(Below is an article written by David Lukoff, et. al:)
Competencies for Psychologists in the Domains of Religion and Spirituality
Religion and spirituality are important parts of the lives of most people in the United States. Gallup polls between 1992 and 2012 (Gallup, 2015) reveal that over the last two decades 79% to 88% of Americans have said that religion is “very important” or “fairly important” in their lives. A full 92% believe in God, and nearly 70% report being either “very religious” or “moderately religious” (Gallup, 2011, 2015).
A recent Pew Research Center (Lugo, 2012) survey found that even among those who report no specific religious affiliation, more than half self- identify as a religious or spiritual person. More than a third of those who are unaffiliated (37%) self-identify as “spiritual, but not religious,” and about 15% to 30% of individuals in the general population report being in this category (Lugo, 2012; Marler & Hadaway, 2002; Moore, 2003).
Religion and Spirituality and Psychological Health
Research has shown that for many people, spiritual and religious beliefs and practices (SRBPs; Saunders, Miller, & Bright, 2010) are intertwined with psychological and emotional well-being. Spirituality and religion substantially color the way people understand themselves and the world around them, including their values, morals, and behaviors, their stance or orientation toward other people, their feelings of happiness and safety, their capacities for forgiveness and gratitude, their level of social support and engagement, and how they interpret the meaning of events and situations, including their approach to illness and death in themselves and others (Emmons & Paloutzian, 2003; Norenzayan, Dar-Nimrod, Hansen, & Proulx, 2009; Park, 2013; Schultz, Tallman, & Alt- maier, 2010; Tay, Li, Myers, & Diener, 2014; Vallurupalli et al., 2012).
Spiritual and religious beliefs and practices qualify as aspects of human diversity equivalent in importance to race, ethnicity, gender, or sexual orientation. Based on the ethical codes that have guided our field for over a decade, psychologists should receive training in competencies related to religion and spirituality just as the field of psychology now requires for other forms of cultural competence.
For instance, according to the APA Ethics Code (American Psychological Association, 2003) psychologists should consider religious diversity as they do other forms of diversity such as race, ethnicity, gender, and sexual orientation:
Psychologists are aware of and respect cultural, individual, and role differences, including those based on age, gender, gender identity, race, ethnicity, culture, national origin, religion, sexual orientation, disability, language, and socioeconomic status and consider these factors when working with members of such groups. (p. 1063)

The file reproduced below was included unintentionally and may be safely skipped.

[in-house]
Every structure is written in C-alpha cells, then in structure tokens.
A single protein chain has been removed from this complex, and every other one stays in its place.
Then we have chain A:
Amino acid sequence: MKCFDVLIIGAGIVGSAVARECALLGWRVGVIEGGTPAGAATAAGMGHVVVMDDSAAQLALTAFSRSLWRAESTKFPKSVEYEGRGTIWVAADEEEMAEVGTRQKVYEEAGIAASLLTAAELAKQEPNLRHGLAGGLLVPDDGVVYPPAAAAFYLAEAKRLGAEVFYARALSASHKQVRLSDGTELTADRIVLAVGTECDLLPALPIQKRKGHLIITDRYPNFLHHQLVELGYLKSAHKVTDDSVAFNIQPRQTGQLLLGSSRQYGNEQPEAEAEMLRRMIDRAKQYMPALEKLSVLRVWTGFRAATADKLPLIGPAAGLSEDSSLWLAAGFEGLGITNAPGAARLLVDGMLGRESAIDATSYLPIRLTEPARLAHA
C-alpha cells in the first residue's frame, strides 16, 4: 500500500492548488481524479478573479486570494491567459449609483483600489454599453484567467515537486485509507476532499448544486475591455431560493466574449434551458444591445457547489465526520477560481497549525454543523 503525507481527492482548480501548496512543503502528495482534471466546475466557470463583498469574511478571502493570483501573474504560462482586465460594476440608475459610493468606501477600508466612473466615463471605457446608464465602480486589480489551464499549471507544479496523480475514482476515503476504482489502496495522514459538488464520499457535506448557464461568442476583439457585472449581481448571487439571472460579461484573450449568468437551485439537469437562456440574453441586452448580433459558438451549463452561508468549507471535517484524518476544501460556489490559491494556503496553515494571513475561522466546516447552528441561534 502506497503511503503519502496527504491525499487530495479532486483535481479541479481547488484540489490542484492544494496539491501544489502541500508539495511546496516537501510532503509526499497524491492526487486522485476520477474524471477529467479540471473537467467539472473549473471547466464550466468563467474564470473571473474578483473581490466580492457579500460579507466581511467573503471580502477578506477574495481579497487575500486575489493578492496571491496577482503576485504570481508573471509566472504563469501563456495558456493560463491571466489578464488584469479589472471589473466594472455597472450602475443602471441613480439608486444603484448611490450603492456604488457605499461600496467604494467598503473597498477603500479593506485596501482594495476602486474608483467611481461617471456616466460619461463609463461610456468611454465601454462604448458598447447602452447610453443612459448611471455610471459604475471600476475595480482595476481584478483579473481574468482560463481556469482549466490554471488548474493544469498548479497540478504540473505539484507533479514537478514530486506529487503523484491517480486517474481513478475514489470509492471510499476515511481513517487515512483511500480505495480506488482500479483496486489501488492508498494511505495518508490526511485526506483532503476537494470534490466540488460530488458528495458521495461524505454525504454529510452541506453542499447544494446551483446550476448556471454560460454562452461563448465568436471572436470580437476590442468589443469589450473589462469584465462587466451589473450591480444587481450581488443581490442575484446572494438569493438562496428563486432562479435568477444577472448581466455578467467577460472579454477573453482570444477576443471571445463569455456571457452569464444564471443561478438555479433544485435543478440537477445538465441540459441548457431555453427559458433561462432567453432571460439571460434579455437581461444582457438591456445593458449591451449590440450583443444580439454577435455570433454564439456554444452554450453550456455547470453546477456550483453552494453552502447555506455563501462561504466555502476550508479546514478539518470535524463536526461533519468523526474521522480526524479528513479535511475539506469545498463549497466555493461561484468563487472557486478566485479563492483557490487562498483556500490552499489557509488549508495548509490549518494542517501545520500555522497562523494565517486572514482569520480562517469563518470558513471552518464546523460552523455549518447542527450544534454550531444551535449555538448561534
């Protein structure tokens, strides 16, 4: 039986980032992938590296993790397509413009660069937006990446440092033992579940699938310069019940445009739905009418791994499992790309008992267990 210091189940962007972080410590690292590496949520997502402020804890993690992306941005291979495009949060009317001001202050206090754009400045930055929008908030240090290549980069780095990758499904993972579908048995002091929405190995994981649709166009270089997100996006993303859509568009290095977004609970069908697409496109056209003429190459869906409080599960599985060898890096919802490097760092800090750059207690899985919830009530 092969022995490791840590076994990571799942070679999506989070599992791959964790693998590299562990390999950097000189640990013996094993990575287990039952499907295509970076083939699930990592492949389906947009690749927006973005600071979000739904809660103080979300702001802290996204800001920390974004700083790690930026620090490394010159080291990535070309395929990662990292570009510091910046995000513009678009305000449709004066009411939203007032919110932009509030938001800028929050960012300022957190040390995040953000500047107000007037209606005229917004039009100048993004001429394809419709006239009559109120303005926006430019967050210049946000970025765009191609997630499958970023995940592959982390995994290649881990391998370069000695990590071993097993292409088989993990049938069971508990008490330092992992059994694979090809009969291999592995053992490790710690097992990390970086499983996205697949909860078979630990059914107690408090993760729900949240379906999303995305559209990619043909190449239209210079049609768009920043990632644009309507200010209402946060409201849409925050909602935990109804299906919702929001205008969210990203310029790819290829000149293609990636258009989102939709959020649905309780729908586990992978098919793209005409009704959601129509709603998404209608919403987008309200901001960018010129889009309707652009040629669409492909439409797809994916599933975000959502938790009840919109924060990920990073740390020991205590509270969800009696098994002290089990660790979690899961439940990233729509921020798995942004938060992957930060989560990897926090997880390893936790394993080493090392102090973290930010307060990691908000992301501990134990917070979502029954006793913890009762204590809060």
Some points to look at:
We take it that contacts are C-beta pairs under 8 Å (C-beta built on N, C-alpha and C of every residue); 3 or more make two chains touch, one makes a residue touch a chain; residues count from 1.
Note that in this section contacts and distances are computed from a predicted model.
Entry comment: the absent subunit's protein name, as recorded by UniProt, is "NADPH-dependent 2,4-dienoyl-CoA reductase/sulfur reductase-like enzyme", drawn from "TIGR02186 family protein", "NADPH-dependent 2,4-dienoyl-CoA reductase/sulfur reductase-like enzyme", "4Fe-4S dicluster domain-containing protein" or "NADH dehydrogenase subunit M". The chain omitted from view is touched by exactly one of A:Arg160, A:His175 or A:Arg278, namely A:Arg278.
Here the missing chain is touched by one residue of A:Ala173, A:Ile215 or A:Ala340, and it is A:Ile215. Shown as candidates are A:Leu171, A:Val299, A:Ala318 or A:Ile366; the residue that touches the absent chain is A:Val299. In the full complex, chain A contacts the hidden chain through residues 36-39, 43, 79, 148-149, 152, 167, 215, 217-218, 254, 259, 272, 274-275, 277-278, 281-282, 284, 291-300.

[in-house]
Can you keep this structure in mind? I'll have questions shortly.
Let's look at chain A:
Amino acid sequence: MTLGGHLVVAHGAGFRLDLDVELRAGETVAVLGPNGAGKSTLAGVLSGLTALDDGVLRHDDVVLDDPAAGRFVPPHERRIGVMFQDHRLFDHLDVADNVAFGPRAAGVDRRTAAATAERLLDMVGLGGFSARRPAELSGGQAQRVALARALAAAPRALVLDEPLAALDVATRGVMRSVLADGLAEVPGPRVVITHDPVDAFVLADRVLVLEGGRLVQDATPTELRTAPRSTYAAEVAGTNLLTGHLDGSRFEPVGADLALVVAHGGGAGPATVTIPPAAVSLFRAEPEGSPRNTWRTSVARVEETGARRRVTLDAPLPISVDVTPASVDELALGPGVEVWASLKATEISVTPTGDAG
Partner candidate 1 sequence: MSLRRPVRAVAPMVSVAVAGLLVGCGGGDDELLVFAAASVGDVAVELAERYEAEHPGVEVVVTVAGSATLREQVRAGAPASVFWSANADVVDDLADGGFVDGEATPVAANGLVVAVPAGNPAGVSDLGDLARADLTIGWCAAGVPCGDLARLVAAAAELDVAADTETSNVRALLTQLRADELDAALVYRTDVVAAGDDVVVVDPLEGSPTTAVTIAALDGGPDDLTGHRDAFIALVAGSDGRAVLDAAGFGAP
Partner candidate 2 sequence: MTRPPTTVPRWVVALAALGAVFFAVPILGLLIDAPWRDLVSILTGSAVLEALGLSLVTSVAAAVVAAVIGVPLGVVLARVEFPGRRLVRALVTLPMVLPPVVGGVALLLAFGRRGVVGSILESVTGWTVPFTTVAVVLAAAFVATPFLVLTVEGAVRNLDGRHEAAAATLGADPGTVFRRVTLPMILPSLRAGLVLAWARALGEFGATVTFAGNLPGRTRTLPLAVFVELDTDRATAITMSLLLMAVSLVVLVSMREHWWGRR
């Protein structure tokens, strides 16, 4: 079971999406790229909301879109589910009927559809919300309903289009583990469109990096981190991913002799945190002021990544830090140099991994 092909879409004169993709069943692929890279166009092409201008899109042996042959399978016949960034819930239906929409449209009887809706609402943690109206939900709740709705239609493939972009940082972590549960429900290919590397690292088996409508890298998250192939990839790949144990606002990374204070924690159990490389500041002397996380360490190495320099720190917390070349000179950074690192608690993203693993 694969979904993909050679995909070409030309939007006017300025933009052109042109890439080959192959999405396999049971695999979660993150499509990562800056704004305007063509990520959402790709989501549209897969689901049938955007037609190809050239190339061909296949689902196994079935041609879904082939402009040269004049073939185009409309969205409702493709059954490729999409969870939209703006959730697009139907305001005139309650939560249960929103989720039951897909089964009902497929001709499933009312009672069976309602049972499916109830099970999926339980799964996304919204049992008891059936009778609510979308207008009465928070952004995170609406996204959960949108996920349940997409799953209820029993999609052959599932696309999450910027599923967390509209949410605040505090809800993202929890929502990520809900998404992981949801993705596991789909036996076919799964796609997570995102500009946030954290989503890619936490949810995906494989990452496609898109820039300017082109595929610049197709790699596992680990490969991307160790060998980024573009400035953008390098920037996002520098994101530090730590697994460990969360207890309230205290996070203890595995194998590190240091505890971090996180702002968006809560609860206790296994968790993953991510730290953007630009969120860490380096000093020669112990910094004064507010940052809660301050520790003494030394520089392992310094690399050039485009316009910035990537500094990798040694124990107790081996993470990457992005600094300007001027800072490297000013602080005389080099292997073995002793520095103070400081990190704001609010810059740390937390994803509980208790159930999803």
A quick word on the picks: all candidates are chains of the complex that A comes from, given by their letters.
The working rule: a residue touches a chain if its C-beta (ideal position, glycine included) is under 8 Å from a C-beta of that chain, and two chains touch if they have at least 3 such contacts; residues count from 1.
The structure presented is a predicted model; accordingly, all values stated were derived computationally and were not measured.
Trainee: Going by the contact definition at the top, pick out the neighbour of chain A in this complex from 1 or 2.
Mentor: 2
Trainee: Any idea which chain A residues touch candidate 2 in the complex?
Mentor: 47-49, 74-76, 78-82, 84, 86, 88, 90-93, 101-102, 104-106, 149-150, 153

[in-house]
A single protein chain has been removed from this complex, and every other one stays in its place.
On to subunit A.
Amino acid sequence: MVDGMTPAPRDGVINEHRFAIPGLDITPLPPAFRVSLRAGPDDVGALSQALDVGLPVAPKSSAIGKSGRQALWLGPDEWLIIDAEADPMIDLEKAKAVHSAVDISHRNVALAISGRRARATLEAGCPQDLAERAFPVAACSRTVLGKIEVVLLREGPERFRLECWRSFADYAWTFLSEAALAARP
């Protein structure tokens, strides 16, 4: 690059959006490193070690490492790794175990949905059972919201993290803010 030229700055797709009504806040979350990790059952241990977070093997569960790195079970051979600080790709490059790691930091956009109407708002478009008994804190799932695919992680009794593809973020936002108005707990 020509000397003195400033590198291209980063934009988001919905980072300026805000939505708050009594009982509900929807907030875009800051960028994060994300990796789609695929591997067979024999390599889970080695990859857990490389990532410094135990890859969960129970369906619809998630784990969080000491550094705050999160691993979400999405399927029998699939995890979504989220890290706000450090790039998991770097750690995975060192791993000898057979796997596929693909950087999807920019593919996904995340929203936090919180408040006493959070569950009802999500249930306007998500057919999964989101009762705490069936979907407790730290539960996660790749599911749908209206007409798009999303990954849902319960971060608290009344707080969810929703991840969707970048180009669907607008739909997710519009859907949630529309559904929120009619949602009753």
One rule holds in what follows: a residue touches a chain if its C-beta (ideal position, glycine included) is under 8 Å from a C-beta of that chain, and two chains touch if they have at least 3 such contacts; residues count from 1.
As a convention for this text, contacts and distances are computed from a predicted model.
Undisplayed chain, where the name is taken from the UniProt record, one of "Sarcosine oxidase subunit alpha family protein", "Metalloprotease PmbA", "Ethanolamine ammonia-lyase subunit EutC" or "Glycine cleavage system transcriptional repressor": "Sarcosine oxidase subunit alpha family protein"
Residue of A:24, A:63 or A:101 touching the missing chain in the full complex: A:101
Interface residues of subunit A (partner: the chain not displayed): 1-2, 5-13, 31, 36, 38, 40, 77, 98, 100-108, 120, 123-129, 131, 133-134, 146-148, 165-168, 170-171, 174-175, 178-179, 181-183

Furthermore, the APA Guidelines on Multi- cultural Education, Training, Research, Prac- tice, and Organizational Change for Psychologists (American Psychological Association, 2003) identify religion and spirituality as important aspects of multiculturalism that should be included in cultural competency training, defining culture as “the embodiment of a world- view through learned and transmitted beliefs, values, and practices, including religious and spiritual traditions” (p. 8).
In 2007, APA adopted a comprehensive “Resolution on Religious, Religion-Based and/or Religion-Derived Prejudice,” condemning prejudice and discrimination against individuals or groups based on their SRBPs and resolving to include information on religious/spiritual prejudice and discrimination in multicultural and diversity training material and activities (American Psychological Association, 2007a).
Attention to spirituality and religion as components of multicultural diversity is inade quate, with most of the focus in training on ethnic and racial diversity (Frazier & Hansen, 2009). For example, Nagai (2008) found that clinicians’ self-ratings were much higher for ethnic/racial cultural competence compared to their ratings of spiritual competence.
Avoidance of Religion and Spirituality in Clinical Practice
A survey of more than 300 clinical psychologists on a mailing list of randomly selected APA members who had a doctorate in clinical psychology and were practicing clinicians found that these psychologists discuss religion and spirituality with only 30% of their clients, and fewer than half address clients’ SRBPs in any way during assessment or treatment planning (Hathaway et al., 2004).
Why is this the case? It does not appear to be because of lack of interest. Psychotherapists indicate an openness to engage the topic of religious and spiritual issues with clients (Brown, Elkonin, & Naicker, 2013; Knox, Cat- lin, Casper, & Schlosser, 2005) and a survey of college counselors revealed that more than 70% were open to in-session discussions of religious and spiritual issues (Weinstein, Parker, & Ar- cher, 2002). Moreover, clients report that they would like to discuss religious and spiritual matters in psychotherapy (Goedde, 2000; Post & Wade, 2009). Most clients want to be asked about their SRBPs (Blanton, 2005; Diallo, 2012; Knox et al., 2005; Oxhandler & Parga- ment, 2014; Post & Wade, 2009). For example, in a survey of clients (N 74) from nine different counseling centers, Rose, Westefeld, and Ansely (2001) found that 55% of clients wanted to discuss religious/spiritual concerns with their psychotherapist and 63% thought it was appropriate to do so.
Avoidance of religion and spirituality in clinical practice may instead be attributable to the fact that most psychologists receive little education or training in how to ethically and effectively attend to religious and spiritual domains in clinical practice, or guidance about the extent to and methods by which they should incorporate this dimension into their work.